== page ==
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Executive Summary • • • • • • • Some tutors have developed an impressive range of strategies to foster take up of and regular attendance at basic skills. There is increasing focus on building effective links with external providers. Many tutors and project managers are energetic in liaising strategically with relevant probation staff. Tutors and mentors are appropriately qualified and most tutors are keen to enhance their professional development. Most supervision of tutors and mentors, by their line managers, appeared to be of a high standard. There are examples of some excellent initiatives to embed basic skills in probation’s wider work. However, evidence from the pathfinders suggests that not all aspects of basic skills provision are of a consistently high standard across the probation areas involved. The issues below need to be considered. Strategic consideration should be given to clarifying what the central aims of basic skills provision for offenders are. There should be greater clarity about the aims of provision for offenders with basic skills at different levels of the adult Basic Skills Standards. Provision should be planned in order to meet aims. Aims and plans should be part of an action plan and should be reviewed regularly. There should be careful consideration of what constitutes worthwhile but realistic progress for offenders with basic skills below level one. In particular, there should be careful consideration of the extent to which it is appropriate for offenders with particularly low skills to work towards accreditation. Consideration should be given to the feasibility of developing a series of basic skills modules for learners below level one, where the content is relevant to this population group. Strategic consideration should be given to whether attendance at basic skills should be voluntary or enforceable. There should be more strategic planning about the extent to which basic skills provision should or should not be based within probation. Planning should include consideration of when different groups of offenders can cope with provision outside probation. Where tuition is provided by the probation area, accommodation should facilitate teaching and learning and should be large enough to accommodate groups. An increase in group provision should be considered. An increase in the diversity of provision should be considered. For instance, the development of ‘bite-sized’ courses, intensive provision or family literacy programmes should be considered. There should be imaginative approaches for how to deliver basic skills to those offenders for whom provision within probation offices is appropriate, but who live too far away to attend tuition in the probation offices where basic skills is provided, or in the community. 7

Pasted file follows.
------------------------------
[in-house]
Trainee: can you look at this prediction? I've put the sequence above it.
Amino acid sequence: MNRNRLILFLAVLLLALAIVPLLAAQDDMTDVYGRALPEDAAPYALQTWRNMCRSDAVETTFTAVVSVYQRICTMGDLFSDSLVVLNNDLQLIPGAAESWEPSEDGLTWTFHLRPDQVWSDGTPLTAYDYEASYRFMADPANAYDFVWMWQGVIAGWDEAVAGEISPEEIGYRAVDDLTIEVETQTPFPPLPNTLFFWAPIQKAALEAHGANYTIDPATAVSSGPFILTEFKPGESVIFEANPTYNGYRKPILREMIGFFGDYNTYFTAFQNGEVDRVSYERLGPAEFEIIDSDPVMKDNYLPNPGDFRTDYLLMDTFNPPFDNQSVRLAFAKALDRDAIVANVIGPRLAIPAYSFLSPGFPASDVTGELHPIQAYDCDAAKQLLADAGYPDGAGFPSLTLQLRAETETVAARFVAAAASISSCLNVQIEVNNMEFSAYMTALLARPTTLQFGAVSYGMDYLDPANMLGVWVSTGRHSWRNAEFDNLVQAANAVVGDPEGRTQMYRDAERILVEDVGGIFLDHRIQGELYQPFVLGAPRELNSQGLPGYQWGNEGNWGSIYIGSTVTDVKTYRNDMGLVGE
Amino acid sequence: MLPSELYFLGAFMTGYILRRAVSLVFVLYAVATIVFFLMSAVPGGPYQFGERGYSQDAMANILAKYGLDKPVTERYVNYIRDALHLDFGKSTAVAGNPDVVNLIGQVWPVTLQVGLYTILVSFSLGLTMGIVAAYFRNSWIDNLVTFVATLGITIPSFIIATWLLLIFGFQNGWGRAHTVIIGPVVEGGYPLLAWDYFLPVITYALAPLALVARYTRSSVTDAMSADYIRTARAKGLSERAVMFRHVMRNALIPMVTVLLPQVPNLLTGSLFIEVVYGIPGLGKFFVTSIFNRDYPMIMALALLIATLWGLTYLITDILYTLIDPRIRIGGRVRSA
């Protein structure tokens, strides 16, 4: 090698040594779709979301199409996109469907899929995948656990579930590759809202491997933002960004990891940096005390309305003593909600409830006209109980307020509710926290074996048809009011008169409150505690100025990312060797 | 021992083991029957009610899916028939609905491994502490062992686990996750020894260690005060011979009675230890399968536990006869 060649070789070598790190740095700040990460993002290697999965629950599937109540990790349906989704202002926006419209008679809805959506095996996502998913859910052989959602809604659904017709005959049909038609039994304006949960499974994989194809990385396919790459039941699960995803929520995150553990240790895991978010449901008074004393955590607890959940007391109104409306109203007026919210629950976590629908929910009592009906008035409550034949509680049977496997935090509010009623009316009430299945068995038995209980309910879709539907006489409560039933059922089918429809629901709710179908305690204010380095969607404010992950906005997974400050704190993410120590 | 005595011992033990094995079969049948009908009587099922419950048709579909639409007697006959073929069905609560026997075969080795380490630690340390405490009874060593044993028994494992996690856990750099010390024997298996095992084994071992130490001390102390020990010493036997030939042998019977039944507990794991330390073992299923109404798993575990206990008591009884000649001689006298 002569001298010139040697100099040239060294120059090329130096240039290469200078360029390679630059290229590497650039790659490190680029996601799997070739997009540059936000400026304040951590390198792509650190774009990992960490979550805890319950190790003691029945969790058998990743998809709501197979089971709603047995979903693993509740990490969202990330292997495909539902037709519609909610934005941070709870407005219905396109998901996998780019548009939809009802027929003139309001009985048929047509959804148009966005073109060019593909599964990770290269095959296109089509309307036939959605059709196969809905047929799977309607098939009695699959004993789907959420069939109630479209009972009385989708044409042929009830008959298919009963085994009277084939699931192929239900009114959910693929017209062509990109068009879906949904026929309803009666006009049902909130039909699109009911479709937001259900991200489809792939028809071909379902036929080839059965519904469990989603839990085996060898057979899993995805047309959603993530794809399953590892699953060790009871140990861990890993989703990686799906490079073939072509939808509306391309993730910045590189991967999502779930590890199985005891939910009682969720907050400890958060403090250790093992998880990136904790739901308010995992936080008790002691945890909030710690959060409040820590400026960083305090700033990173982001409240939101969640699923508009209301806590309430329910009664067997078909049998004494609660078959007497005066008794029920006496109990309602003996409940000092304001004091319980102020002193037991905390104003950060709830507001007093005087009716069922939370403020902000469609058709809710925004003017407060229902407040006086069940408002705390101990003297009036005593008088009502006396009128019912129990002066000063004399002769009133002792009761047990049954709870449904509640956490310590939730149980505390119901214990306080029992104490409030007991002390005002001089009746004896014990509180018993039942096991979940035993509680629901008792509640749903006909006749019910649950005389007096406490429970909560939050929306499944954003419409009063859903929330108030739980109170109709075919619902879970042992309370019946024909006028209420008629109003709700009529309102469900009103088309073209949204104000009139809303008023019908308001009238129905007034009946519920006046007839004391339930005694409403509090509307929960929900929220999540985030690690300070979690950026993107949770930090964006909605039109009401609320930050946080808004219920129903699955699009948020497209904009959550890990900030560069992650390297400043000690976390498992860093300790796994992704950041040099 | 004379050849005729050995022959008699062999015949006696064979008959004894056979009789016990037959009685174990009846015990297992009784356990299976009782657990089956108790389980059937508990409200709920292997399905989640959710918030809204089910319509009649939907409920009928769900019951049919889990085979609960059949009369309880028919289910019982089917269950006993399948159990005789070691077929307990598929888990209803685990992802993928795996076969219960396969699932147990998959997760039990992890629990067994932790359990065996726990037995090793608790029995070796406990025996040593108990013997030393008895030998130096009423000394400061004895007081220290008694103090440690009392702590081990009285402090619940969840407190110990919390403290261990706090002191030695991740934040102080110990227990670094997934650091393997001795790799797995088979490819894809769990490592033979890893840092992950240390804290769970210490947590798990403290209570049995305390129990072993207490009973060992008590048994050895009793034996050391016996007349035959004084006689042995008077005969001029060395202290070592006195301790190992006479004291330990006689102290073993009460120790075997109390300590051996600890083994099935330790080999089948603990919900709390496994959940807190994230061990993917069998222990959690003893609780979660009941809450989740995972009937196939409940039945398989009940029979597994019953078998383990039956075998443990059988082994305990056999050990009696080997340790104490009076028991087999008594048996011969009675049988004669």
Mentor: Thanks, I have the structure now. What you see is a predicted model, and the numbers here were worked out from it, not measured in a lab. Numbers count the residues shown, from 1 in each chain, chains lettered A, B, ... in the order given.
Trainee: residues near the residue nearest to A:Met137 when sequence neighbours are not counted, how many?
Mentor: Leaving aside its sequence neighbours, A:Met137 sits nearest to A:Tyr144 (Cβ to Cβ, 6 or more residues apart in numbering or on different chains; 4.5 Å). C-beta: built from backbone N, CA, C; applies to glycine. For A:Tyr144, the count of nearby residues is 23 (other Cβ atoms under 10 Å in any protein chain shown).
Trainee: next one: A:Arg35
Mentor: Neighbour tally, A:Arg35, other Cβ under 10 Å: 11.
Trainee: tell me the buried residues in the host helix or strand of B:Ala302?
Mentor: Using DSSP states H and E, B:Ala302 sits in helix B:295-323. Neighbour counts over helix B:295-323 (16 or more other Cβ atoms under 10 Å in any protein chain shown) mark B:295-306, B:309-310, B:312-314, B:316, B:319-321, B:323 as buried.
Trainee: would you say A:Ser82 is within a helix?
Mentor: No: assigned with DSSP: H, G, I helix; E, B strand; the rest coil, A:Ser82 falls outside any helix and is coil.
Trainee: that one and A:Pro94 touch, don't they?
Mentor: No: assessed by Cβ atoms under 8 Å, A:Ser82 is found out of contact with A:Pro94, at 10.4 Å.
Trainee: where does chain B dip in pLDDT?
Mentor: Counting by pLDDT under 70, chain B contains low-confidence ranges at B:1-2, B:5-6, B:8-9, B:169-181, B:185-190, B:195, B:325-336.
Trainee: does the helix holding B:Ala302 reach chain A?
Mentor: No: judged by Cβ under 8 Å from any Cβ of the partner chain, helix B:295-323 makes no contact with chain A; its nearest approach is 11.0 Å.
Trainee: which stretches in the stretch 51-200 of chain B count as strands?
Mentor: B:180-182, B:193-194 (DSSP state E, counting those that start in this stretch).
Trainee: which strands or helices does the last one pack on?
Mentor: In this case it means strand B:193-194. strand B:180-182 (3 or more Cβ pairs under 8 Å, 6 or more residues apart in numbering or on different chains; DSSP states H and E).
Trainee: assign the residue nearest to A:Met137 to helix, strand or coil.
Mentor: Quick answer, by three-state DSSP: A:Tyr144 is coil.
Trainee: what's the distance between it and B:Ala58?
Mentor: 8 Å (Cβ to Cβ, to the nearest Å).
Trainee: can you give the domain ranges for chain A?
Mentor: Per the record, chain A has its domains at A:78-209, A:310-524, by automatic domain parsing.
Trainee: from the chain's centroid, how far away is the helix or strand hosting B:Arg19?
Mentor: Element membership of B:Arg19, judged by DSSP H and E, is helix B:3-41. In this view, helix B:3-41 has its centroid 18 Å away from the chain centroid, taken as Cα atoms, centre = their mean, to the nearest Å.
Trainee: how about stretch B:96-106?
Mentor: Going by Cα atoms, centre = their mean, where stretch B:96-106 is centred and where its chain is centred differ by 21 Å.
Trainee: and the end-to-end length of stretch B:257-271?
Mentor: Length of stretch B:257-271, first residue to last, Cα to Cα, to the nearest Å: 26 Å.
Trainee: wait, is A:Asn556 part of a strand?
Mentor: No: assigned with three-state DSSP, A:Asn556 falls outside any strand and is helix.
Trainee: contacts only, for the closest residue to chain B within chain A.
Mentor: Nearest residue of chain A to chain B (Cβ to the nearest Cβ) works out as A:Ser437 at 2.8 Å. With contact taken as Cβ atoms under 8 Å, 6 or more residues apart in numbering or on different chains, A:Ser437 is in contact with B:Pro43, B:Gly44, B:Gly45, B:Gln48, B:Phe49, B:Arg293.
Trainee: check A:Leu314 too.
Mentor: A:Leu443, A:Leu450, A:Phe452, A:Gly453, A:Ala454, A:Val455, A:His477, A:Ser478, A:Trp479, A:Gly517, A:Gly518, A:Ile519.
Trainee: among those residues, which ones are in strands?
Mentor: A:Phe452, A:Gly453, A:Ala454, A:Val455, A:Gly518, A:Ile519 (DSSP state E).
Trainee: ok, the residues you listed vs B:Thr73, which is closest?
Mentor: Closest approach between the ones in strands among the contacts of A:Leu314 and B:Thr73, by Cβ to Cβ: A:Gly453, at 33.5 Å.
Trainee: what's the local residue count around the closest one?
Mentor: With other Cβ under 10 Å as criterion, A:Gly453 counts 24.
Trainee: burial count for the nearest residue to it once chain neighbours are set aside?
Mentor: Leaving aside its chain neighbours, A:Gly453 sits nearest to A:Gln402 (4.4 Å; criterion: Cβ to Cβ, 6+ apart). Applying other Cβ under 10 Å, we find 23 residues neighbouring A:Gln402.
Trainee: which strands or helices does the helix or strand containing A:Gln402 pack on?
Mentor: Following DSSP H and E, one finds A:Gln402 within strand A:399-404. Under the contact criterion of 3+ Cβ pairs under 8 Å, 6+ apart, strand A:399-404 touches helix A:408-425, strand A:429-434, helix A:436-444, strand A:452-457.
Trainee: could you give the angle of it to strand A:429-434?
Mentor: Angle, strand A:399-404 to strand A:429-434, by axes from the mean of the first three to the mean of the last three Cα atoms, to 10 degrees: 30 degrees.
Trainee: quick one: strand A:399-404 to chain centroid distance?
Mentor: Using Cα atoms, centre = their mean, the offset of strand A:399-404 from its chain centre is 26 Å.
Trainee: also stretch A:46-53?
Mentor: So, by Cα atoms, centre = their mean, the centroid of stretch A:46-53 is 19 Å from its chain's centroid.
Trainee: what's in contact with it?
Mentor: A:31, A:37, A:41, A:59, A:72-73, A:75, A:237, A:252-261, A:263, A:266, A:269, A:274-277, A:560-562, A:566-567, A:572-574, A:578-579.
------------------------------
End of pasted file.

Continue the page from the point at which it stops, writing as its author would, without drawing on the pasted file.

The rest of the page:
Strategic Planning